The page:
The Secret of Shell Symbol You May Find in France


Rolling into the seventh day of 2015, with a mind still on the fritz and a languid body battling  weakly against the post-holiday blues, I let myself sink into pages of The Times only to be shocked and appalled by the news. Another terror attack and more innocent people sacrificed but this time, in Paris. Against a magazine. A place and an industry that I truly care about. I’m sitting in London now but as I write this, scenes from the attack video, where the floundering policeman was shot dead to the ground, come gushing into my mind. It’s despicable, the massacre at the office of Charlie Hebdo. 

I’m not going to delve deeper into this issue here in AlexandraLuella. But my heart goes out to France and I will certainly be following the comments and opinions coming from important journalists these few days or even weeks. There are already a lot of voices concerning the attack vis-à-vis the weight of free speech spewed out all over the internet. “PARCE QUE LE CRAYON SERA TOUJOURS AU DESSUS DE LA BARBARIE…” (because the pencil will always be above the barbarity). It’s interesting to see how and where this will end. 


Anyhow. Blogging resumes.

When in France, you may encounter some religious buildings or institutions bearing the symbol of a scallop shell. If you haven’t known, it is not there for decorative purpose. It is the symbol of St. Jacques and the place where you see it is one of the stops along the Route of Santiago Compostela. 

This is a pilgrimage route to the shrine of the apostle of St. James the Great in the Cathedral of Santiago de Compostela in north-western Spain. In simple words, the path which pious Christians travel by foot (some bicycle) in order to show their faith and devotion, and earn blessings from God. 

Paris is one of the traditional starting points and the pilgrims will carry a “credential”, also called the pilgrim’s passport, which they use to gain access to inexpensive or free accommodation during their spiritual journey to north-western Spain.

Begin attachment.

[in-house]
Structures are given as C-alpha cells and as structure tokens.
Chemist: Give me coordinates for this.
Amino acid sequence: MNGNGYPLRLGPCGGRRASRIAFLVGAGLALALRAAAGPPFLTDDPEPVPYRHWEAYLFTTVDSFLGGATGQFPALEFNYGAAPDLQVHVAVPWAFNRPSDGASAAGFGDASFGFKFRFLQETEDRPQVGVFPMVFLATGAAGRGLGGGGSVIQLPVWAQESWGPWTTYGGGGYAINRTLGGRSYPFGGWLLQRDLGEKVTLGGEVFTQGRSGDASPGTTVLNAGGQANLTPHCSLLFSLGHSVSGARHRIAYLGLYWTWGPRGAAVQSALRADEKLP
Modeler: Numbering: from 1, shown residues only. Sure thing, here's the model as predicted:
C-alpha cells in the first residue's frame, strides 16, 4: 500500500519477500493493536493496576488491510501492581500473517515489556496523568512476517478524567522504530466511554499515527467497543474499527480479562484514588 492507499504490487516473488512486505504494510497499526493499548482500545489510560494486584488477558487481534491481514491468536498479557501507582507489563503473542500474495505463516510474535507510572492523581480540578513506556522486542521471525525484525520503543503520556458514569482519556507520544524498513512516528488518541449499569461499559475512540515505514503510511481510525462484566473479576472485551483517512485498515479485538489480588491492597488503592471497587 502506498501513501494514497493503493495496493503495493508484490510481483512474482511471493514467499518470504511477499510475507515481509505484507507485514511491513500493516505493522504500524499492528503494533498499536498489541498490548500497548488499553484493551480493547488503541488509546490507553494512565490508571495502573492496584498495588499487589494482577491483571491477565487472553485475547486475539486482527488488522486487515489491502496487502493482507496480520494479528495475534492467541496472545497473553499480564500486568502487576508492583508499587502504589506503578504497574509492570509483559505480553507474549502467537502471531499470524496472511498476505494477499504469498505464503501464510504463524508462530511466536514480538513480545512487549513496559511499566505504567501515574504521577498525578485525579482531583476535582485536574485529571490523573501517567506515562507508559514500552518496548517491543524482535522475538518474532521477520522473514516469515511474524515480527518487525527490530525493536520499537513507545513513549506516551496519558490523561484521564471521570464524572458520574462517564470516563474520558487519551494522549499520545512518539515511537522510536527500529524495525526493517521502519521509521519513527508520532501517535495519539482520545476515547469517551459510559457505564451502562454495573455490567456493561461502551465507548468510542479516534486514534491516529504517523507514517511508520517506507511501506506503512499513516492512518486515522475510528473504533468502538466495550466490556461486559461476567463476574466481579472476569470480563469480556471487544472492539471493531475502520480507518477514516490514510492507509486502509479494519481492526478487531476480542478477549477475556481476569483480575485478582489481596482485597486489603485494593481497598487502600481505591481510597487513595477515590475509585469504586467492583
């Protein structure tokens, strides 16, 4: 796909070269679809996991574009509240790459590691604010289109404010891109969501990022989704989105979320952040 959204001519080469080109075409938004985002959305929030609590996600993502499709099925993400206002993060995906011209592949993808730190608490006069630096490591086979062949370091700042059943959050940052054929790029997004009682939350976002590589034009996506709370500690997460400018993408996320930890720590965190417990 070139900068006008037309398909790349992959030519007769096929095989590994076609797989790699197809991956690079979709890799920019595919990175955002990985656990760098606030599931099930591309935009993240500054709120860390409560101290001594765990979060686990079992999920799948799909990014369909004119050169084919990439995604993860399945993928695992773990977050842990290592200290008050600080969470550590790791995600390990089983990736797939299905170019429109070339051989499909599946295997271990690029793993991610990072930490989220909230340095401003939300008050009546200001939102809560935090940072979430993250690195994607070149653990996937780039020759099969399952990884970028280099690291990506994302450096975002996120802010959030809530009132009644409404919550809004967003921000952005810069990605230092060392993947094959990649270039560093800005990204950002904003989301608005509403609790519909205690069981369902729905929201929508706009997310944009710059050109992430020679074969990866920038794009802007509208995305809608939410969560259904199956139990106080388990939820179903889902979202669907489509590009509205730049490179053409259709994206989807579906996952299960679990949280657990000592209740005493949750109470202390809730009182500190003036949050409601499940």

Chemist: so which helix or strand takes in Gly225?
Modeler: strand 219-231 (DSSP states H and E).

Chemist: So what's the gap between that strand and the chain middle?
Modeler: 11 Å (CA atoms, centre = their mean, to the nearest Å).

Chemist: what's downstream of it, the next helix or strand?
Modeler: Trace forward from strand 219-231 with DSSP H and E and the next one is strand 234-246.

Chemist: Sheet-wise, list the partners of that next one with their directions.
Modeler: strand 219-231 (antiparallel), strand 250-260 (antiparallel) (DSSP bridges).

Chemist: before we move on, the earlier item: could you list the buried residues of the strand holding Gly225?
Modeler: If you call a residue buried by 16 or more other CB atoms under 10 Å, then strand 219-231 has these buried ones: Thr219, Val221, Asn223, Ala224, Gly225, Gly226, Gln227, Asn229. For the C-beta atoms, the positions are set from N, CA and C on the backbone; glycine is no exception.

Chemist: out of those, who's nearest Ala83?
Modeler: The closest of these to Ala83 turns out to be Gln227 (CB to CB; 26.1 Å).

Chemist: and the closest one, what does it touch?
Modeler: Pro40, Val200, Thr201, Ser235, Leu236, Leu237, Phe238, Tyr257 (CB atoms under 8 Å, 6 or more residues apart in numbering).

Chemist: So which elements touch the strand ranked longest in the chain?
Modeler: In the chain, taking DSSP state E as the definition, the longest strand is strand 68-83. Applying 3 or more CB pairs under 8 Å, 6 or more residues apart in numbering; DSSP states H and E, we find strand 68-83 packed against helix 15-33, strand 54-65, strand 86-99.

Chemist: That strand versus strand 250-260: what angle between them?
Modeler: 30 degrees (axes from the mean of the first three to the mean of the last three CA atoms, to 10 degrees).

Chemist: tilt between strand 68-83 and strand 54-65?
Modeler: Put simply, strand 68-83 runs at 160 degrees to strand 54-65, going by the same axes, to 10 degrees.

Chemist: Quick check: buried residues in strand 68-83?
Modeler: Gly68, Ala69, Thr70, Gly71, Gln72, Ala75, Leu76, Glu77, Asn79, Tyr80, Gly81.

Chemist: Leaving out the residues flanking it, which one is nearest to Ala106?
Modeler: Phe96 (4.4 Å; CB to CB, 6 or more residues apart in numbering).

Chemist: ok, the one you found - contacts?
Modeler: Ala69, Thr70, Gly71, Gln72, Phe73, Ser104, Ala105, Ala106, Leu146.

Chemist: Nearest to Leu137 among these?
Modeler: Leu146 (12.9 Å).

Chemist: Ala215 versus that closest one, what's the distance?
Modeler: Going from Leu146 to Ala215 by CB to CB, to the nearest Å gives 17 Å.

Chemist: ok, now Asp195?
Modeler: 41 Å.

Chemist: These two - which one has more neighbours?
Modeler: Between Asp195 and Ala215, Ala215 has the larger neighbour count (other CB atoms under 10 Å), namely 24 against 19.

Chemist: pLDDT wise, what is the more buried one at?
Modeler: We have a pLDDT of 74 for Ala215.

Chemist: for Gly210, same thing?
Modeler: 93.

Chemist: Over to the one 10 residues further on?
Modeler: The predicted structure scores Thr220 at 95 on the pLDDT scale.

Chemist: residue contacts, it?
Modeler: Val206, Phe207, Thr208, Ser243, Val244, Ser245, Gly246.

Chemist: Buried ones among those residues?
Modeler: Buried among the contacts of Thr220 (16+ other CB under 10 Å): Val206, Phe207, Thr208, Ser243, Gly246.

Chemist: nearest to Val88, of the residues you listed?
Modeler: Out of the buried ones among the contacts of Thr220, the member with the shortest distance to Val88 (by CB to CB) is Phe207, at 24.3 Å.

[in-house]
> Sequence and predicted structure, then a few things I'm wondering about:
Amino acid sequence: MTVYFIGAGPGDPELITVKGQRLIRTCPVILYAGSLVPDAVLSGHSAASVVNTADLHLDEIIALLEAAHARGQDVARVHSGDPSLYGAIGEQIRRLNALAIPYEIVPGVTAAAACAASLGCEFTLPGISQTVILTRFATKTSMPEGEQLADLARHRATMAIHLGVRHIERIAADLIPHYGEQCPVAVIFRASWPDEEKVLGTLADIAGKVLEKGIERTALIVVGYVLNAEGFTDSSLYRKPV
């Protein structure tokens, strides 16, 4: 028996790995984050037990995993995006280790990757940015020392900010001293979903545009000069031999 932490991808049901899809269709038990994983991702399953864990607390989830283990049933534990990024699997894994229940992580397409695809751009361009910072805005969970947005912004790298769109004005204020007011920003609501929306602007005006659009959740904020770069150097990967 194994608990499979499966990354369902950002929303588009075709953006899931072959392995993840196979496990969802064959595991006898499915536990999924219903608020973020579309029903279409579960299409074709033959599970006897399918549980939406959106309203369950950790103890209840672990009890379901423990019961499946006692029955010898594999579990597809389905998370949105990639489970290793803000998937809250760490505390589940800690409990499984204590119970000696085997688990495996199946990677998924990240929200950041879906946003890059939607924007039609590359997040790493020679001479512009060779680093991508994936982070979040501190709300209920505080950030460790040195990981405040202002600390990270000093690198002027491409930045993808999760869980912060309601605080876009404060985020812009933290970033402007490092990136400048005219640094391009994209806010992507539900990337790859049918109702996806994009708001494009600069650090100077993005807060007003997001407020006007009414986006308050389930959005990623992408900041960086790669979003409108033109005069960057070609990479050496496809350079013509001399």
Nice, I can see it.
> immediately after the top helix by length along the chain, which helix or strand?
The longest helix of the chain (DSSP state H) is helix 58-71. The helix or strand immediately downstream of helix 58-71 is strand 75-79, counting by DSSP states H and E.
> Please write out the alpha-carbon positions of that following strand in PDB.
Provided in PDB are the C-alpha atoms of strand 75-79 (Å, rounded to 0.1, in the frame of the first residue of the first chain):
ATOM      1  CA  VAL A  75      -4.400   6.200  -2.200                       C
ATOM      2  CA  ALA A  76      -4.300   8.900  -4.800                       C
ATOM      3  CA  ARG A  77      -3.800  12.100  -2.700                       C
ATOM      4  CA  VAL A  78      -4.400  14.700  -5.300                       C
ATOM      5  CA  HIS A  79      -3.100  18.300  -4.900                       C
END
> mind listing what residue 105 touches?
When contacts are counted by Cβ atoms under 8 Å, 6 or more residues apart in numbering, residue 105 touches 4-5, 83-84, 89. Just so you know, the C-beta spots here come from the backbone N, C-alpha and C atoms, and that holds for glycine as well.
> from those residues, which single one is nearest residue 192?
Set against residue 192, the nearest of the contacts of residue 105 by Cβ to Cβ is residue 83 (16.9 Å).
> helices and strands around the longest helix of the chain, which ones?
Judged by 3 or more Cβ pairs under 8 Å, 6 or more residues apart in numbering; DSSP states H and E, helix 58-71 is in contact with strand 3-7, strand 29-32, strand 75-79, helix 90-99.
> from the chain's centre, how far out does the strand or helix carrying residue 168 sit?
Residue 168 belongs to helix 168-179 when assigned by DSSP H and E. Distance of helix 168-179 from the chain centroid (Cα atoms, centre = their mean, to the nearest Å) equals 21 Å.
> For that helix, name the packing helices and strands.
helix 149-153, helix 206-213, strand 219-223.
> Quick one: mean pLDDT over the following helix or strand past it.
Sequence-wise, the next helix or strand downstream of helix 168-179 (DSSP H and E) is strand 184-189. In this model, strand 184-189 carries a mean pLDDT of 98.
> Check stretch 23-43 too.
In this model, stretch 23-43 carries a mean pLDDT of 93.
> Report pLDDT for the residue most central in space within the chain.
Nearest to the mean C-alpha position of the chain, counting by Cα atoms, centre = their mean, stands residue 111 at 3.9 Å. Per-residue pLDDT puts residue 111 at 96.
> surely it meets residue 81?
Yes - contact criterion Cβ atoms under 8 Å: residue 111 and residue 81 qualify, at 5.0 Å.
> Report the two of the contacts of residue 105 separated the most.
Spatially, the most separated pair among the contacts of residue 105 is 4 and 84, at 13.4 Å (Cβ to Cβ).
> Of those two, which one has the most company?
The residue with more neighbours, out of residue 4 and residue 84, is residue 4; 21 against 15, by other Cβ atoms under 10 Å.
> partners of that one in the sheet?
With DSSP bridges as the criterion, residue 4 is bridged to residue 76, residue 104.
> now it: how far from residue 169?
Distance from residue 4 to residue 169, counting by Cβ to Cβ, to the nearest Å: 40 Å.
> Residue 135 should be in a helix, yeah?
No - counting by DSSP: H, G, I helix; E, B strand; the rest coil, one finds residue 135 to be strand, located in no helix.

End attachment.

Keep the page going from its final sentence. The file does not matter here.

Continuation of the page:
This pilgrimage may take up a span of time as short as two weeks or as long as a month. Due to individual commitments, there are some pilgrims today who separate their journey into a few parts – they would walk and stop at a certain point and return to continue at a later time.  

In case you are interested, The Pilgrimage by Paulo Coelho is a book based on his personal experience along this route to Santiago.

During my Christmas holiday, I visited the Abbaye de Fontcaude, a Roman abbey built in the 12 century in the department of Hérault, south of France. It was ruined after the Revolution, rebuilt today and the name Fontcaude was derived from the term “Fountaine chaude” which means hot spring. It is one of the pilgrimage stops located, more specifically, at a little town called Cazedarnes, which has a population below 500.

There was no one visitor at the peak of December. With the sky in shades of cyan, the grass stupendously green and flowers blooming in festive red, these photos below could have been easily passed off as spring/summer shots. There were a cloister, a sculpture museum, a mill ,a bell foundry and a garden.

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After a tour around the abbey, we then walked through the narrow lane down to a small vineyard, bald and temporarily deserted in the middle of December.

But to my great surprise we found a herb that smells like a mix of lemon-grass and liquorice, tiny footprints of wild little friends and some rose haw, enough to make a pot of jam! Perks of being at the countryside. 

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With love x

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